MR KIRBY: No, no, no. Yes, obviously we want to see the bombing and the siege of Aleppo stop. But more critically, we want to see a nationwide cessation of hostilities that can be sustained over time, so that we can get the political discussions back on track. Now look, we had in September 9, just earlier – well, about a month ago, we had struck an agreement in Geneva with the Russians that after seven days of reduced violence and the return of humanitarian assistance to particularly besieged places like Aleppo, that we could then begin to have a – to establish a Joint Implementation Center by which the United States and Russia would cooperate and share information to go after groups like al-Nusrah. In fact, it was specifically designed to help us together go after al-Nusrah. But we didn’t get those seven days of reduced violence and we didn’t get any humanitarian assistance in any significant way and you know the rest of the story. We regrettably, because of Russia’s actions, because of their intransigence and unwillingness to meet their commitments under that agreement, we had to suspend the bilateral cooperation in that regard.

QUESTION: Is that agreement revivable? Is it revivable, that agreement? Could it be revived?

MR KIRBY: I think the Secretary has said that it is – absolutely. We suspended; that doesn’t mean that it’s forever off. And what we continue to need to see are significant steps by the Russians that they’re serious about their commitments, and they have thus far proven quite the opposite.

Yeah.

QUESTION: Turkey’s president today affirmed that Turkey will take part in the military operation to recapture Mosul and that Turkey would not follow the direction of Iraq’s prime minister. In fact, Erdogan was insulting. He said to Abadi, quote, “Know your own place. Your clamoring is not important.” What is your view of this?

MR KIRBY: I think as we’ve long said, and I think you heard Brett McGurk say this himself on Friday when he was up here: all of Iraq’s neighbors need to respect Iraqi sovereignty and territorial integrity. The Turkish forces that are deployed in Iraq are not there as part of the international coalition. The situation in Bashiqa is a matter for the governments of Iraq and Turkey to resolve. What we support is continued dialogue between them that can lead to a speedy resolution of the matter. We call on both governments to focus on their common enemy – our common enemy, which is Daesh. Over the coming days and weeks, we believe it is imperative for all the parties to closely coordinate next steps to ensure unity of effort in that counter-Daesh fight.

QUESTION: The Turks today played a clip from a press conference, in which Abadi states in this press conference with the Turkish prime Minister that he has demanded, quote, “military intelligence, arms, and training support from Turkey.” And it does seem like the Turks have a case that they were invited in.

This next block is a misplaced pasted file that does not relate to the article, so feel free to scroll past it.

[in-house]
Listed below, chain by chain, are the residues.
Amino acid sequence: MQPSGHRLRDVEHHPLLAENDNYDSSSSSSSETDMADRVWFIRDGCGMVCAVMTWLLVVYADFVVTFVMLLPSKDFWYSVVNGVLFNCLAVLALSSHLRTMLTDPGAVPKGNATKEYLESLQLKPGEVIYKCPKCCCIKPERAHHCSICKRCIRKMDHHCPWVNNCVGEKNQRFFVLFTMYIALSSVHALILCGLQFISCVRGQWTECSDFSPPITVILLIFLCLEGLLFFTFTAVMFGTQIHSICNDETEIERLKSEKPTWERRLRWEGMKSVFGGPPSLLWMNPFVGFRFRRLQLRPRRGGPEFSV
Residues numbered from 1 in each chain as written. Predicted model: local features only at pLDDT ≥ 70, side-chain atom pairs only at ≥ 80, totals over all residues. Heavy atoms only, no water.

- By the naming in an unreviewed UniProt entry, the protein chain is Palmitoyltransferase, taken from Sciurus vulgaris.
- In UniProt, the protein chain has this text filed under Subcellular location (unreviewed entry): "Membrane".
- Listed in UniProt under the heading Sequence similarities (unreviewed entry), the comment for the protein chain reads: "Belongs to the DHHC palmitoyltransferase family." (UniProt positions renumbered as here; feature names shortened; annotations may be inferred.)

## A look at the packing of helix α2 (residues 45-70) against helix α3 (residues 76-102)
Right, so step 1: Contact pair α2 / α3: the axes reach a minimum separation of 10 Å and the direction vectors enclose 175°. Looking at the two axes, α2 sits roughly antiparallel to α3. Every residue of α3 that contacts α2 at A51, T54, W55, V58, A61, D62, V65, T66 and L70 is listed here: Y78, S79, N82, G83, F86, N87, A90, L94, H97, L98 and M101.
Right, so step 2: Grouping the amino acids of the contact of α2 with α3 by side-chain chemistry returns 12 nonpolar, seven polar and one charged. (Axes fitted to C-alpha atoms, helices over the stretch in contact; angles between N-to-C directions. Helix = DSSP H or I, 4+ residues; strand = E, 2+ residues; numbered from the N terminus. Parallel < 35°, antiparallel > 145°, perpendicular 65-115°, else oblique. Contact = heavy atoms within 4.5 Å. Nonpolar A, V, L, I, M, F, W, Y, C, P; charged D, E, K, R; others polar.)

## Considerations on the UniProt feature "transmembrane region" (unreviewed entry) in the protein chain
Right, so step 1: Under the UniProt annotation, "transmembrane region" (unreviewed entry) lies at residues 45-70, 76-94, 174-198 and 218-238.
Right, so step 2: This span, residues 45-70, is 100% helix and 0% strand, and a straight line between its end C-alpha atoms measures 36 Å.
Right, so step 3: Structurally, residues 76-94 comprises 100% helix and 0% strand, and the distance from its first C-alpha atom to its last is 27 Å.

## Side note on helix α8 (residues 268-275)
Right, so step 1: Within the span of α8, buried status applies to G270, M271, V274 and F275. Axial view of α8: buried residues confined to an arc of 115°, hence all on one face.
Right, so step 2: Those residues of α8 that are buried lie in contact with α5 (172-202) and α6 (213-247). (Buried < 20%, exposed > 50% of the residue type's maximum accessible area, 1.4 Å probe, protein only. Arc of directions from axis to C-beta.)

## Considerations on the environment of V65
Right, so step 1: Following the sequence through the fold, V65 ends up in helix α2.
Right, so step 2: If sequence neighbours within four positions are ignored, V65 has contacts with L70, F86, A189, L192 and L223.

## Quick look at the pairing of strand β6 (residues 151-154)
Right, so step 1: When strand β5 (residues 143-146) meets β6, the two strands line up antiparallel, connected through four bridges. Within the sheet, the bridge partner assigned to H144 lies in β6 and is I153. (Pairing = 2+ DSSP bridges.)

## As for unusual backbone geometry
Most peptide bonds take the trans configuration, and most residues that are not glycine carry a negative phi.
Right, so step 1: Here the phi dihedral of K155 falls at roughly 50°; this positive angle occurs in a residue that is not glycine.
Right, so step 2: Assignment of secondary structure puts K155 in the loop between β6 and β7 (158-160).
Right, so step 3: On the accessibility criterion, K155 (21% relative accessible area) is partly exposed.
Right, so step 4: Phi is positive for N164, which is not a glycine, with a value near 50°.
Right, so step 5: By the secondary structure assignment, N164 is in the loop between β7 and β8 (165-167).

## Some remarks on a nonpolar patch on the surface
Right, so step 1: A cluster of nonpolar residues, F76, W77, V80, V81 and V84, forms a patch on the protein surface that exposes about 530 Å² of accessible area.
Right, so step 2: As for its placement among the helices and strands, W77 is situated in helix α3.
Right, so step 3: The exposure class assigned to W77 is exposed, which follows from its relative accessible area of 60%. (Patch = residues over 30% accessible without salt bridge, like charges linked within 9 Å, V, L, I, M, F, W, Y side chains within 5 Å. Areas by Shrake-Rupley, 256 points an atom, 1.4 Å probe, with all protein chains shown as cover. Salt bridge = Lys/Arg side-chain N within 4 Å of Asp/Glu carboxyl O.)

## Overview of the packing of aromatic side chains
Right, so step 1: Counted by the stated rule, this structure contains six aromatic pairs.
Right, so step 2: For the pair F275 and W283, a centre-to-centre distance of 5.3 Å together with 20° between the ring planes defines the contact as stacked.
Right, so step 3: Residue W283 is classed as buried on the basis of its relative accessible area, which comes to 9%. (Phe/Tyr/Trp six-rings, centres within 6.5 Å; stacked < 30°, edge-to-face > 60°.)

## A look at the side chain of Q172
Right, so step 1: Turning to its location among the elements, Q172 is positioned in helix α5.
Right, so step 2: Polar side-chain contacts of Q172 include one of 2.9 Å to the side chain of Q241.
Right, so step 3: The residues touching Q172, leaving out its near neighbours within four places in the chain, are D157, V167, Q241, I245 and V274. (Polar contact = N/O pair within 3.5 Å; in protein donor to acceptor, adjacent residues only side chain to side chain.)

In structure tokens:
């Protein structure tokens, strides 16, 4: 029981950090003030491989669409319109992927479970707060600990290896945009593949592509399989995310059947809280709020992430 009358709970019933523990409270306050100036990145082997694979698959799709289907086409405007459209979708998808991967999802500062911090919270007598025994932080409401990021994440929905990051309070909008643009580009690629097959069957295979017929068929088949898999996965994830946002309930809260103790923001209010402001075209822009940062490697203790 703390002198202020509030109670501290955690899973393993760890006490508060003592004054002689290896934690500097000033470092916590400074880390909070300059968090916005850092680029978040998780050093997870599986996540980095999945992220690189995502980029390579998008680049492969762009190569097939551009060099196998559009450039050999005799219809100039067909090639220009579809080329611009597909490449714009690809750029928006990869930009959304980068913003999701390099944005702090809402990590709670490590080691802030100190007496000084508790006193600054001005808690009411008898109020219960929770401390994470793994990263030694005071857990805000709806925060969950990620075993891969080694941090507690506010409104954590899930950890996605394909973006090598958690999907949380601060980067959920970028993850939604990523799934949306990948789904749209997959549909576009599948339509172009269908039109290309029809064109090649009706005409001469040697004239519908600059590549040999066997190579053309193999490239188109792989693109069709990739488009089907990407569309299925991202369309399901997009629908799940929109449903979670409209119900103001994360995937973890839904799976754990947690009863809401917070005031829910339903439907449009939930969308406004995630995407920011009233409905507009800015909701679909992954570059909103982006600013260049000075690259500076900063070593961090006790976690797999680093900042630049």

MR KIRBY: Again, I’m not aware of those comments. I haven’t seen that clip. Prime Minister Abadi has made it clear publicly that they weren’t. We don’t believe – we don’t hold them as they’re there as part of the coalition, the international coalition, and we want Iraq and Turkey to work this out together through dialogue. Okay?

QUESTION: Same topic, but a follow-up please. Some local officials, Iraqi officials, such as former Governor Nujaifi, also says – who was coordinating with Turkey – that the Mosul operation will be starting in a day or two. And another timetable given by the Turkish president also is saying that sometime between next week Mosul operation will start. Is this your understanding that the timetable will be in a day or two or the next week?

MR KIRBY: The campaign to retake Mosul is an Iraqi campaign. It’s an Iraqi plan and an Iraqi strategy. The United States forces will support that as we have in the past, other military operations conducted by the Iraqi Security Forces inside Iraq. And like they have done in the past, they will do it at a time of their choosing when they believe they’re ready. And I wouldn’t begin to speak to future operations one way or another from the podium.

QUESTION: So when Iraqi prime minister talks about Mosul operation, he is the most authoritative voice. Is this the understanding you wish --

MR KIRBY: He – it’s – the Iraqi Security Forces report to the Government of Iraq; Prime Minister Abadi makes – ultimately makes these decisions. And we leave it to him to both make those decisions and then speak to them when he is willing to do so. And I’m not going to get ahead of him on that.

Yeah.

QUESTION: On North Korea? So the 10th anniversary of the first nuclear test came and passed. But I was wondering if there is any sense of relief. Are you still on heightened alert for possible missile firings or nuclear tests this month?

MR KIRBY: I think we’re always vigilant to potential North Korean provocations.

QUESTION: And Danny Russel earlier this morning mentioned that there may be further progress in sanctions. I was wondering if you had any further details on that.